Africa is not an accidental object of desire. The agricultural sector has been neglected for decades, the infrastructure is extremely inadequate, be it energy supply, roads or ports, and above all the investment financing does not work: Agriculture is the backbone of most countries in the region, but has only received 1% of the loans so far. The result: the hectare yields are mostly well below the global average - for rice in Nigeria, for example, they are only half as high as in India. The massive price increases on the world market in recent years together with the dependence on imports have made many African governments aware of the urgency of increasing agricultural production. This partly explains the willingness to respond to all possible offers from financially strong investors.

At the level of the non-governmental organizations there is often an alarm mood. This new "land grab", fears GRAIN for example, could lead to a process of concentration in agriculture, put an end to smallholder production and deprive the rural population of their livelihoods (see further information). The massive investments made by the Gulf states in Ethiopia and Sudan, among others, prompted FAO Director General Jacques Diouf to warn against the establishment of "neo-colonial" structures last year. In March, the head of the International Food Policy Research Institute (IFPRI) in Washington, Joachim von Braun, called for codes of conduct at the national level for such intergovernmental agreements, which should ensure the sustainable use of resources, the involvement of local producers and the respect for customary property relations .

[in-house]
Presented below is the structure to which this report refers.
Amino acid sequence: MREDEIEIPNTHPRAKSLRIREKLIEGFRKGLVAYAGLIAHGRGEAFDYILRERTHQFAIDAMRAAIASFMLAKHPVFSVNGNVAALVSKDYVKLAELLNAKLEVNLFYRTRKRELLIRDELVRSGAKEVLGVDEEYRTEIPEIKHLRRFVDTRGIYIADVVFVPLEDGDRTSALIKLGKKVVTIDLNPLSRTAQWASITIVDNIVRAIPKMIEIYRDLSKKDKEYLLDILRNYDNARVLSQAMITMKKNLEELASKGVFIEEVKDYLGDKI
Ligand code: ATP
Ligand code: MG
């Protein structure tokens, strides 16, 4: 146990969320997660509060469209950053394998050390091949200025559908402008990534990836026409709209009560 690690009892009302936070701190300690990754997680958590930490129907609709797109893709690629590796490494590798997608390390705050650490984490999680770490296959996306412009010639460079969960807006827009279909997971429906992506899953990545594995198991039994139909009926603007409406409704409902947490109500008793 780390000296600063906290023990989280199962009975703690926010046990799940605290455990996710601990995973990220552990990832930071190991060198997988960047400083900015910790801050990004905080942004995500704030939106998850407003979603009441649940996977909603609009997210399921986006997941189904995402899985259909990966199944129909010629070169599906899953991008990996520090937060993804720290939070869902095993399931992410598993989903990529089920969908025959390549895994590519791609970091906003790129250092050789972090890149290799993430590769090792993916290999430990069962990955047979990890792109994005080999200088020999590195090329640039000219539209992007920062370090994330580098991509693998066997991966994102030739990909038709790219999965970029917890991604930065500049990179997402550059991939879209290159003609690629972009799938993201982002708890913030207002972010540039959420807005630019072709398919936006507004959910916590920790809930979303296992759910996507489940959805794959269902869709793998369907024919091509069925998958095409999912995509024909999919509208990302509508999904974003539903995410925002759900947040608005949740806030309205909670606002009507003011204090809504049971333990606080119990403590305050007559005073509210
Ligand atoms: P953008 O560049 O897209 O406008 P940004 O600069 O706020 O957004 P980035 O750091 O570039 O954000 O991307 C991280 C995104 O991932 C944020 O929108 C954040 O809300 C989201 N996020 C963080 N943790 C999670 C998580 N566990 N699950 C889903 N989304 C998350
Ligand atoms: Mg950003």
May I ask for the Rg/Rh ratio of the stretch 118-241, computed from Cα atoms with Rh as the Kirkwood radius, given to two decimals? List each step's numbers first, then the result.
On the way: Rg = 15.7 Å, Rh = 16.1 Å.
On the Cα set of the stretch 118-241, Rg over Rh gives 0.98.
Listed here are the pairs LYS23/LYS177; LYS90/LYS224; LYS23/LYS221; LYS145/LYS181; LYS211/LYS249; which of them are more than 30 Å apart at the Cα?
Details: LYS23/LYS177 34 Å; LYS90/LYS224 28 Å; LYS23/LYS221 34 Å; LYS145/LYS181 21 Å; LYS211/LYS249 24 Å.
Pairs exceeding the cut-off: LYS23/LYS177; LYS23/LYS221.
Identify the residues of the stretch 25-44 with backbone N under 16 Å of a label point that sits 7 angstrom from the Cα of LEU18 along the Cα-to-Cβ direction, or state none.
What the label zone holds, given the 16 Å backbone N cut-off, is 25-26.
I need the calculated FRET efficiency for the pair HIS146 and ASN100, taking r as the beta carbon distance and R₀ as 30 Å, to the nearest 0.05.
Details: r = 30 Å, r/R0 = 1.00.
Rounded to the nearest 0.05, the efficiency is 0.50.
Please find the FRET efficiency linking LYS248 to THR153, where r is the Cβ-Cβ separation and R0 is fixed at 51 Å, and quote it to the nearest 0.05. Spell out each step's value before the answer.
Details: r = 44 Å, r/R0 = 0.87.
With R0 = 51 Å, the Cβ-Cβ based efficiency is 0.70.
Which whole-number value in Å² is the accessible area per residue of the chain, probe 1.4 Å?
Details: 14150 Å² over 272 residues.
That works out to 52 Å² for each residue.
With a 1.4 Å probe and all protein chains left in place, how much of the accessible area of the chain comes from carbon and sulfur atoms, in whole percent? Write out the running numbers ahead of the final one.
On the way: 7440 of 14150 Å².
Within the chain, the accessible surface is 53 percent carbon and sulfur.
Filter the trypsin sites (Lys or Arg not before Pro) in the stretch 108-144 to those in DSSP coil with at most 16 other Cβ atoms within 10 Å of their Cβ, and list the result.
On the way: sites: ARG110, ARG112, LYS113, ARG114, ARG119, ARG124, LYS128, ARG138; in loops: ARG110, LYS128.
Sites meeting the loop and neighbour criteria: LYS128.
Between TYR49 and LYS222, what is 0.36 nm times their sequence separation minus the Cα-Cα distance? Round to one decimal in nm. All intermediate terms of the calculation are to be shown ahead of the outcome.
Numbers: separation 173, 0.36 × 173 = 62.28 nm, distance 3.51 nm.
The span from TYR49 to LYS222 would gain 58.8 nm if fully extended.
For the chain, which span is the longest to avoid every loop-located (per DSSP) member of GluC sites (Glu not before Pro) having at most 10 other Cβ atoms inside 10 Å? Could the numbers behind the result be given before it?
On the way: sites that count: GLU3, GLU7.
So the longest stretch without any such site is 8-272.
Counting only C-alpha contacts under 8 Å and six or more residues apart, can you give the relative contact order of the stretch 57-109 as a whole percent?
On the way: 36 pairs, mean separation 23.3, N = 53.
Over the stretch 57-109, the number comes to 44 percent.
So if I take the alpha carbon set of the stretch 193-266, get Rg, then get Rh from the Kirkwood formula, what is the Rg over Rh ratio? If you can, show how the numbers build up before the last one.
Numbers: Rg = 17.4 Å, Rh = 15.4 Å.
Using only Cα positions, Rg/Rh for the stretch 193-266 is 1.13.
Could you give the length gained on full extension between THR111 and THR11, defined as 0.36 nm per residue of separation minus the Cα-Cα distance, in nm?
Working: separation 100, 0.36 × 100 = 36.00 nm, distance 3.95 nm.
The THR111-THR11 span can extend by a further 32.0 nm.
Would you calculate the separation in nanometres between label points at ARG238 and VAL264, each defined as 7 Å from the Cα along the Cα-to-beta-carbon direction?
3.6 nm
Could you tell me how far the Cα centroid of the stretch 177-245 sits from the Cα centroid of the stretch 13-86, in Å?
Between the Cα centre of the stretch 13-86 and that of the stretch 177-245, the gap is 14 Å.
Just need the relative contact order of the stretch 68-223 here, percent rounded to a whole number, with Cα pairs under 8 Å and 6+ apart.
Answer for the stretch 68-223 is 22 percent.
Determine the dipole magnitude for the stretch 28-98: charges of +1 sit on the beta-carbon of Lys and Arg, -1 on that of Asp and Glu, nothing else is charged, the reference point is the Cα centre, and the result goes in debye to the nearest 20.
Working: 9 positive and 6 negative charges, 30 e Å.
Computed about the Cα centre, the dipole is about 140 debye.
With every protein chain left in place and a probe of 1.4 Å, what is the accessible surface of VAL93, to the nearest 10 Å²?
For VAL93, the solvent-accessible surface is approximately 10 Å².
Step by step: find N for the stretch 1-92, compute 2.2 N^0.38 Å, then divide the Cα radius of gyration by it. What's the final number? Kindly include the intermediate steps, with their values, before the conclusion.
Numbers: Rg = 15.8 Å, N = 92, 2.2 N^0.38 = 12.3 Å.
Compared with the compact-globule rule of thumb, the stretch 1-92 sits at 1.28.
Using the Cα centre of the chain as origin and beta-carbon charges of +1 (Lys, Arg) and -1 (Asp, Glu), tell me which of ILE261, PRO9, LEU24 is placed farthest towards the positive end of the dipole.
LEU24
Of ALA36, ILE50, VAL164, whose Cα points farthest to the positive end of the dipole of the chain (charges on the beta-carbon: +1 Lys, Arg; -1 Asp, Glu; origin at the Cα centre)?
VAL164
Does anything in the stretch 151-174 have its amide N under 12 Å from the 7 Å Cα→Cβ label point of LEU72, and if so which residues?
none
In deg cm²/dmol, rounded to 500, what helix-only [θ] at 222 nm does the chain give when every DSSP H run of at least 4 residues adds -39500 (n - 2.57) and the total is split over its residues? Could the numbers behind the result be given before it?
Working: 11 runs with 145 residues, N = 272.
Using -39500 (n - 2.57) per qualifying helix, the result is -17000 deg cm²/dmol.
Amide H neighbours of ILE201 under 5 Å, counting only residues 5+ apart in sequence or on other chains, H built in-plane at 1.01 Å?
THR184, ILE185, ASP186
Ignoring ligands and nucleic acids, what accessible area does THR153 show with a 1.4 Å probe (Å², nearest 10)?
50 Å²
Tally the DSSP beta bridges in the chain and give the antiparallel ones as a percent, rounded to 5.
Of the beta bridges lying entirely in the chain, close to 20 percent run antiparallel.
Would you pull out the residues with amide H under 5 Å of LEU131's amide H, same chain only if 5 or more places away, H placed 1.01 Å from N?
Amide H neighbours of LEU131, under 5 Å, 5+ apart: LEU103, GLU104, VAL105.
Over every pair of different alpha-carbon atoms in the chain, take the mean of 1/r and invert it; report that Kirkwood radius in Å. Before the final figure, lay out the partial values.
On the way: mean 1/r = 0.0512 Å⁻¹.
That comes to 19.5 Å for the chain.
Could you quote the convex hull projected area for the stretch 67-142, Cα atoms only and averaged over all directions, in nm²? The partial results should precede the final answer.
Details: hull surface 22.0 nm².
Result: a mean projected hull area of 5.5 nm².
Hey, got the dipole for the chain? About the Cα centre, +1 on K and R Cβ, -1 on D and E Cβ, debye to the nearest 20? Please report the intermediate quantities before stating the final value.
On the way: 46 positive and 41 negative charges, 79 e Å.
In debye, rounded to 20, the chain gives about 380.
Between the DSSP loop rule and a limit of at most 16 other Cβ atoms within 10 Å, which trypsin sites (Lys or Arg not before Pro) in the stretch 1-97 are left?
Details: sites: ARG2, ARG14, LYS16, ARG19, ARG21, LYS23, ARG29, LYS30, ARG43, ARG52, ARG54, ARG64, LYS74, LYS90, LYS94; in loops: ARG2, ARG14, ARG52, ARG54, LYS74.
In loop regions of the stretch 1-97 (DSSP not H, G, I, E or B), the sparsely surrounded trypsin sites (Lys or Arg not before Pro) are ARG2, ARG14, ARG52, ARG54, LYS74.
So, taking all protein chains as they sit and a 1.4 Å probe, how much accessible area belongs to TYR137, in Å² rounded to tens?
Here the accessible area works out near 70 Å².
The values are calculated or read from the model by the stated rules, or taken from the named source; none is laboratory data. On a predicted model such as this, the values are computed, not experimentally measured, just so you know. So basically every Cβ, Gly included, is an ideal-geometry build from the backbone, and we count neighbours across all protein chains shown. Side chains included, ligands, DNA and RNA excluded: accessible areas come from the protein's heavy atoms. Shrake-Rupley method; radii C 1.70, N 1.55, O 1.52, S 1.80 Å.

At the beginning of April, the UN Special Rapporteur on the Right to Food, Olivier de Schutter, also joined the call for a code of conduct and extended it to private agribusiness investors. Governments should be given technical guidelines so that they could negotiate contracts that best promote human development, which "cannot currently be said of them," as de Schutter put it.

In sub-Saharan Africa the interest from outside the region coincides with a parallel, internal development - a general upturn in investment in the agricultural sector. With rapid urbanization and the emergence of a new middle class, the growth of the domestic markets has recently gained momentum and has initiated the commercialization of agricultural production. Driving forces include retail chains such as Pick'n'Pay, Massmart, Shoprite, Woolworths (South Africa) or Nakumatt (Kenya), which are expanding across borders, multinational food companies looking for new markets, but also domestic agribusiness companies, such as Dangote Sugar and in Nigeria Nigerian Breweries.

Apparently a turning point in African agricultural policy is underway. The new interest in the sector may even mark the beginning of an African "green revolution", Jon Maguire, a manager of Africa-Agri Asset Management in Malawi, told the news portal TradeInvest Africa. By the way, Africa-Agri is one of the few "ethical" funds that invest billions in Africa. That this "green revolution" will be more sustainable than its predecessor - in terms of its impact on the environment and society - does not seem to be certain at the moment. The failure of the Daewoo project in Madagascar may give reason to hope that the worst could be prevented.

further information
"Seized! The 2008 land grab for food and financial security", October 2008 (
Investing in Africa: